Habermas and Design
I'm a new member. I'm looking forward to reading through these posts,
and I'm glad to find a community of people who know a lot about
I am a graphic design theorist, and I have been trying to get a deep
understanding of Habermas because I believe the distinction between
instrumental/dramaturgical/communicative rationality are very
important for design. Obviously, the prevailing model of "design
work" has been primarily either instrumental or dramaturgical. But I
have a feeling that design should be more about something that grows
from undistorted communication than something that manipulates
through distorted communications.
Beyond that, I'm interested in the relation of the spheres of
rationality, since design is involved with the aesthetic/moral/AND
objective spheres, not just aesthetics. Design is not art. And I have
a sneaking suspicion that "design" is at the crux of these debates on
rationality because it occupies such a broad space.
In approaching the subject, generally, I have identified design with
rational action, and this has illuminated some of Habermas' concepts
for me in terms of what I do.
Another nagging interest of mine is the separation of the spheres.
Since design seems to want to bring them all together somehow, how
are they to retain their autonomy? What would autonomy mean for
design? Certainly, in finding the mechanisms at work between these
spheres we are not becoming anti-modern, are we? I mean, to blur the
distinctions between the spheres (or to clarify their relations) is
not to revert to mysticism, is it? Design has a tendency to become
mystified, but I am attempting to resist this at the same time I
pursue its autonomous "logic" toward reconciling the spheres.
These are the kinds of questions I am exploring on my blog:
It would really be helpful if those who are knowledgeable about
Habermas would intervene in my discussions to try to clarify things
that I might not properly understand. But in any case, I'm hoping to
participate here as well. Thank you!
You�re doing so well with your blog! : applying
aspects of your readings and knowledgeable background
in graphic communication arts to a developing
discourse about design generally. In particular,
you�re making good use of concepts from Habermas�s
work, among your many influences. I�m impressed by the
intensity and genuineness of your endeavor to give
high purpose and progressive promise to design
professions. Anyone who intently cares about the
future of design could benefit from keeping up with
the discursive aspects of your journey/journal. I hope
to learn a lot about the design profession in light of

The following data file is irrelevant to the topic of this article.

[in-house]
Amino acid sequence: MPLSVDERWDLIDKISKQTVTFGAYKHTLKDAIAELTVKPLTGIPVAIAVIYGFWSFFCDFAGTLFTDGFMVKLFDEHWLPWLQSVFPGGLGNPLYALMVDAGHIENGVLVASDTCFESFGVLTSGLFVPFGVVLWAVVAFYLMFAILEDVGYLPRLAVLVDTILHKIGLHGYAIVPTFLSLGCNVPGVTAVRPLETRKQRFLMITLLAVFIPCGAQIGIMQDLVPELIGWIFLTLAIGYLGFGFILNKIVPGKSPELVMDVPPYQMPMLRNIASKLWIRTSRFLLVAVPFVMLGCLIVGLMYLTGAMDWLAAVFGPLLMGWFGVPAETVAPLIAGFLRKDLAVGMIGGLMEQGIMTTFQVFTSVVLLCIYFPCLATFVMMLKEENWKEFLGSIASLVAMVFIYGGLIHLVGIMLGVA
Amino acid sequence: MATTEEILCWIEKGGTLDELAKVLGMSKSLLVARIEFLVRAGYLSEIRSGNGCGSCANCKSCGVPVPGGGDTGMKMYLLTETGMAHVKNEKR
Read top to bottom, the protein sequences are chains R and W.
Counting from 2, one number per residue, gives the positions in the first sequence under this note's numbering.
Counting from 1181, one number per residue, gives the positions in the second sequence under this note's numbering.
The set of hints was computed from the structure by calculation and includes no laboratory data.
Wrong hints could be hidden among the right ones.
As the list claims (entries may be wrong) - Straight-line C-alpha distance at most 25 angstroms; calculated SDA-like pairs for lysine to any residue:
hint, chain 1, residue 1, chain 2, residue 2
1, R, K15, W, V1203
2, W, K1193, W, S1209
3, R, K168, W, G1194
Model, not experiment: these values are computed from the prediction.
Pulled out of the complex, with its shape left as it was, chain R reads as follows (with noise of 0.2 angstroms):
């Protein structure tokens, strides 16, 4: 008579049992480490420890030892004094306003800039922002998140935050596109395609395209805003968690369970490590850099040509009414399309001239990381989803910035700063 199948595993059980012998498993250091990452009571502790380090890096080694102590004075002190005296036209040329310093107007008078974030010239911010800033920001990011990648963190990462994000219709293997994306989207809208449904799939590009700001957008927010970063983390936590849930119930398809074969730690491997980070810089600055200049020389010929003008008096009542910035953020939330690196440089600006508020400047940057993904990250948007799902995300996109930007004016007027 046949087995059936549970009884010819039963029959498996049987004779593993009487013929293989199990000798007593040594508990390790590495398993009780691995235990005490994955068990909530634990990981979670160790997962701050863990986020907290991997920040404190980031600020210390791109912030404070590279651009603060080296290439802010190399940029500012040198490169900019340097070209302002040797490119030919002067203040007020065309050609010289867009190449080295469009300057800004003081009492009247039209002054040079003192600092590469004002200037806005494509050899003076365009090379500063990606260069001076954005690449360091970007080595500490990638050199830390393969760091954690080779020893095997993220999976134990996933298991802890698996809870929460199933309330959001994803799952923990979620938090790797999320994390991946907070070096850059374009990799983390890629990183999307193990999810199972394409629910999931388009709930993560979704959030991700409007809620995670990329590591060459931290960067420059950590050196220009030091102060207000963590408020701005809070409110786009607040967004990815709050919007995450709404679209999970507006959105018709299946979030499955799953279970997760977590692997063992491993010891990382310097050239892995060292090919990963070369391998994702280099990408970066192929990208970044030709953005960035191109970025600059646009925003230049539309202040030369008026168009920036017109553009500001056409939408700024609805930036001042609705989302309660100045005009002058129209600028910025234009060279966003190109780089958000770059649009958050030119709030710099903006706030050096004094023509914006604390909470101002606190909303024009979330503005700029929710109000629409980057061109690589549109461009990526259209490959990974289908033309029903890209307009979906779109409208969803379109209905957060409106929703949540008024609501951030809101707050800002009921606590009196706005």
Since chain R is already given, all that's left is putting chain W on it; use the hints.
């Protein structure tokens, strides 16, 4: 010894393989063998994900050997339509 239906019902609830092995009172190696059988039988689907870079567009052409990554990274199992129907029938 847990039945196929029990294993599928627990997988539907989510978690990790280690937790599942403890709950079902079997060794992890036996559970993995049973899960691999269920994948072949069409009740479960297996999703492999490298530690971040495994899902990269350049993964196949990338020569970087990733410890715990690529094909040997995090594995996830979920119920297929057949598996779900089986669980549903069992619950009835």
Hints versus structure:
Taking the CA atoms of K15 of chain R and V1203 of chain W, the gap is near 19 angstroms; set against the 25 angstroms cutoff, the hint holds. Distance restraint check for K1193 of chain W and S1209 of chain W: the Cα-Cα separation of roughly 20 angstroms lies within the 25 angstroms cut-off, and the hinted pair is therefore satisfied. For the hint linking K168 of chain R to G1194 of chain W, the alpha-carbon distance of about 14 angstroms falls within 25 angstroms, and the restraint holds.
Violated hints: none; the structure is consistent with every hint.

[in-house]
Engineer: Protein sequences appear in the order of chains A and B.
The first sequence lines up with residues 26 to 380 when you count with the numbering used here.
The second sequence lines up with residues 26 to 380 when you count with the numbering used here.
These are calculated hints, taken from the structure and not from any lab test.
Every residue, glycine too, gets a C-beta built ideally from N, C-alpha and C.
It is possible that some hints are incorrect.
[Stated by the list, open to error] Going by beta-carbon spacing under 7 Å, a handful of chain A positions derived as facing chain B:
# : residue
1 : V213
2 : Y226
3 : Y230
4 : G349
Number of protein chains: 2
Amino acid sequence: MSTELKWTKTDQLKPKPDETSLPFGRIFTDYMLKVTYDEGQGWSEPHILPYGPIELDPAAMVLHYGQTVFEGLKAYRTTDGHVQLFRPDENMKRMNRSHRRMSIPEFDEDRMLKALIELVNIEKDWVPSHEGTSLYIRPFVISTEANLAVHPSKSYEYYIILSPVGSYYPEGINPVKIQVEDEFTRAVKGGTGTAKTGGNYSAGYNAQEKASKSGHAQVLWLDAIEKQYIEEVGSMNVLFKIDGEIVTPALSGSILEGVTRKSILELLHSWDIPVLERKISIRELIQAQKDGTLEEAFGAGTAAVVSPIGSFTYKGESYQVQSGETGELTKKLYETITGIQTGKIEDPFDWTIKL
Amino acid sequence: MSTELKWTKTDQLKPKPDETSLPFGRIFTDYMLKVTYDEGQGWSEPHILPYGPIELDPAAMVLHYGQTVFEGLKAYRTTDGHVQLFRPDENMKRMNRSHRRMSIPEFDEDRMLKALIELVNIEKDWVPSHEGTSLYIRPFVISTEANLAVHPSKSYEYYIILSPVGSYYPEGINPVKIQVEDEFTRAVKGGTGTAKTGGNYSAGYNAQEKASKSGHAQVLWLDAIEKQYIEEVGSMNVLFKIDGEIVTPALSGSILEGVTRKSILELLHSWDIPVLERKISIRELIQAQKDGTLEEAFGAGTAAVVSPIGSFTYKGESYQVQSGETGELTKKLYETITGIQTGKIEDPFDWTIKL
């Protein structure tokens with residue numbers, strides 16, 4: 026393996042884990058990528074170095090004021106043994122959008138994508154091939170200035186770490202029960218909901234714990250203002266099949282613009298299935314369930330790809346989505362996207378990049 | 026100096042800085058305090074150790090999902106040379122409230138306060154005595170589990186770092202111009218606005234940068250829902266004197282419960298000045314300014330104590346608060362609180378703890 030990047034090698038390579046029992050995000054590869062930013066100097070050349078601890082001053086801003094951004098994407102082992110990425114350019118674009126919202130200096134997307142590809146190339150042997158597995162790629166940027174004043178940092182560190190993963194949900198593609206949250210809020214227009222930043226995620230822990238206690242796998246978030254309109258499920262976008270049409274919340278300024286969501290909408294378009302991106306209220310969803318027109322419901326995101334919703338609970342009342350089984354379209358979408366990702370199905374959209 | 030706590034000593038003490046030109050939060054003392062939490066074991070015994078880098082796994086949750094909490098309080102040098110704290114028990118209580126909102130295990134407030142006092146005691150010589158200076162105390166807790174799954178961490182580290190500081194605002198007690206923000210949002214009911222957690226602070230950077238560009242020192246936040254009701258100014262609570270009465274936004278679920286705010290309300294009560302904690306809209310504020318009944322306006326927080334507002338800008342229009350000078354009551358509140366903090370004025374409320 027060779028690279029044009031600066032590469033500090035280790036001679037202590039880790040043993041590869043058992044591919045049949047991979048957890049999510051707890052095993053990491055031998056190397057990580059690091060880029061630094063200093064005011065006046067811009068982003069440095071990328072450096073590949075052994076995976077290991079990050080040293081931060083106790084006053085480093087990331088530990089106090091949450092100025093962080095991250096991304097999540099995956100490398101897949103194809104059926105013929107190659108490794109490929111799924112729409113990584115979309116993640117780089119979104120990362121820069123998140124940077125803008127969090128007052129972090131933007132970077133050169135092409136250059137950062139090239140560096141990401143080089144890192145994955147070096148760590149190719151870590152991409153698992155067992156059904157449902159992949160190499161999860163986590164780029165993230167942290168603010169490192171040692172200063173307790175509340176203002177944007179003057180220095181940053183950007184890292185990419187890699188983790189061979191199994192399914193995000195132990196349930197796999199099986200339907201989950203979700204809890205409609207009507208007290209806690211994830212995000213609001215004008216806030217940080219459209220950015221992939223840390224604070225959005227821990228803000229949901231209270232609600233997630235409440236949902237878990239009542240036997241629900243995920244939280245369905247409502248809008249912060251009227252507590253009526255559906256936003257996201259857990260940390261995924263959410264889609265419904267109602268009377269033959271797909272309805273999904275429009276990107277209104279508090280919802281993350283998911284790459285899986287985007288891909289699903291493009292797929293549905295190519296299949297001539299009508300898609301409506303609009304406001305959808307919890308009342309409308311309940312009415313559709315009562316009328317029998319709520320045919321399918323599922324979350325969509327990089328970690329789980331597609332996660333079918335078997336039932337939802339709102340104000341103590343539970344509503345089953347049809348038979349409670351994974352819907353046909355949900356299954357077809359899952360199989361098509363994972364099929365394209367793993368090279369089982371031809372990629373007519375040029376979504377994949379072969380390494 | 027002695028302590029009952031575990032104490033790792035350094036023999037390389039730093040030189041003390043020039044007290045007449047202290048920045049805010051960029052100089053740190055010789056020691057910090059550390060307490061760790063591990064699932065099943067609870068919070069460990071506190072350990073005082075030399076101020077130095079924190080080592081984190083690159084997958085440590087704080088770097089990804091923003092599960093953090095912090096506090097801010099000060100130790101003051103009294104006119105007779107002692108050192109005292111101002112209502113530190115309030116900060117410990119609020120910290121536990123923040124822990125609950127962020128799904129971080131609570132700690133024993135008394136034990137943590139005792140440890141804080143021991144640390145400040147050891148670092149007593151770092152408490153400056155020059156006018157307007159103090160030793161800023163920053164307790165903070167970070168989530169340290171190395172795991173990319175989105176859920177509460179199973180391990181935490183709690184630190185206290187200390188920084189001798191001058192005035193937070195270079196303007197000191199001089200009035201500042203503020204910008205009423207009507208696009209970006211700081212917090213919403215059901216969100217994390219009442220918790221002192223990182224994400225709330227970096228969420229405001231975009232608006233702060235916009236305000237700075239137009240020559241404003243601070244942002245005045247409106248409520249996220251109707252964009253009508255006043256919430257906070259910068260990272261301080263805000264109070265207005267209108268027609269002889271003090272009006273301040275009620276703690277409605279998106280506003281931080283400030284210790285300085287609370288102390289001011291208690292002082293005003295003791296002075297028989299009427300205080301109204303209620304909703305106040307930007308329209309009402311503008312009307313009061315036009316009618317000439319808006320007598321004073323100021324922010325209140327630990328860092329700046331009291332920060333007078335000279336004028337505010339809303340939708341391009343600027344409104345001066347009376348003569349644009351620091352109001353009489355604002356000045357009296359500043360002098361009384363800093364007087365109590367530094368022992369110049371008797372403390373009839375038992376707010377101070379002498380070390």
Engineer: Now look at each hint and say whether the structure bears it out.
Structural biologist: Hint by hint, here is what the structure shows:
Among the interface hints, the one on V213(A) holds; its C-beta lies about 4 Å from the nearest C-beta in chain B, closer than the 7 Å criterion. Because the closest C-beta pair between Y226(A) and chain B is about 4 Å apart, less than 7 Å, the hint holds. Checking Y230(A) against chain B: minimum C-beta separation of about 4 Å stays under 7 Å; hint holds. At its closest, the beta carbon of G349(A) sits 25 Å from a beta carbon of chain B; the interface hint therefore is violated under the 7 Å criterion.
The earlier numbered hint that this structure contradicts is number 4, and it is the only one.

your knowledge, references, and links. I want to read
the entirety of your blog in coming days and keep up
with its development.
T> In approaching the subject [of design], generally,
I have identified design with rational action, and
this has illuminated some of Habermas' concepts for me
in terms of what I do.
Good. Yet, since rationality is about accountability
and responsibility, rather than discovery,
imaginability, and the fullness of intelligent living
, I wouldn�t identify design with rational action.
Rather, rational action is one vital model of action
among others, including creative action, reflective
learning., and technical efficacy. Design, it seems to
me, may comprehend more about action than its
rationality. Rationality of action is vital for
accountable and responsible living, especially public
life, which has everything to do with communicative
action. But there�s more to communicative action than
its rationality (and more to action than its
communicability). Habermas is especially concerned
with the rationality of action because he is
fundamentally concerned with prospects for democratic
public life. Design, too, is fundamentally concerned
with public communication. But design is based in
discovery, imaginability, and the fullness of
intelligent living *inasmuch as* it�s communicable,
but not wholly at the point of communication (or
focused screen of designed light). The designING must
gain communicability, thus rationality. But
communication may contribute to the evolution of
rationality, not just conform to a given potential for
T> What would autonomy mean for design?
This is an outstanding question to live through.
T> I mean, to blur the distinctions between the
spheres [of rationality] (or to clarify their
relations) is not to revert to mysticism, is it?
I suppose you don�t want to *blur* distinctions;
clarifying relations doesn�t imply blurring
distinctions, of course.
T> Design has a tendency to become mystified, but I am
attempting to resist this at the same time I pursue
its autonomous "logic" toward reconciling the spheres.
Best wishes for progress in your work,
Do you Yahoo!?
Yahoo! Movies - Buy advance tickets for 'Shrek 2'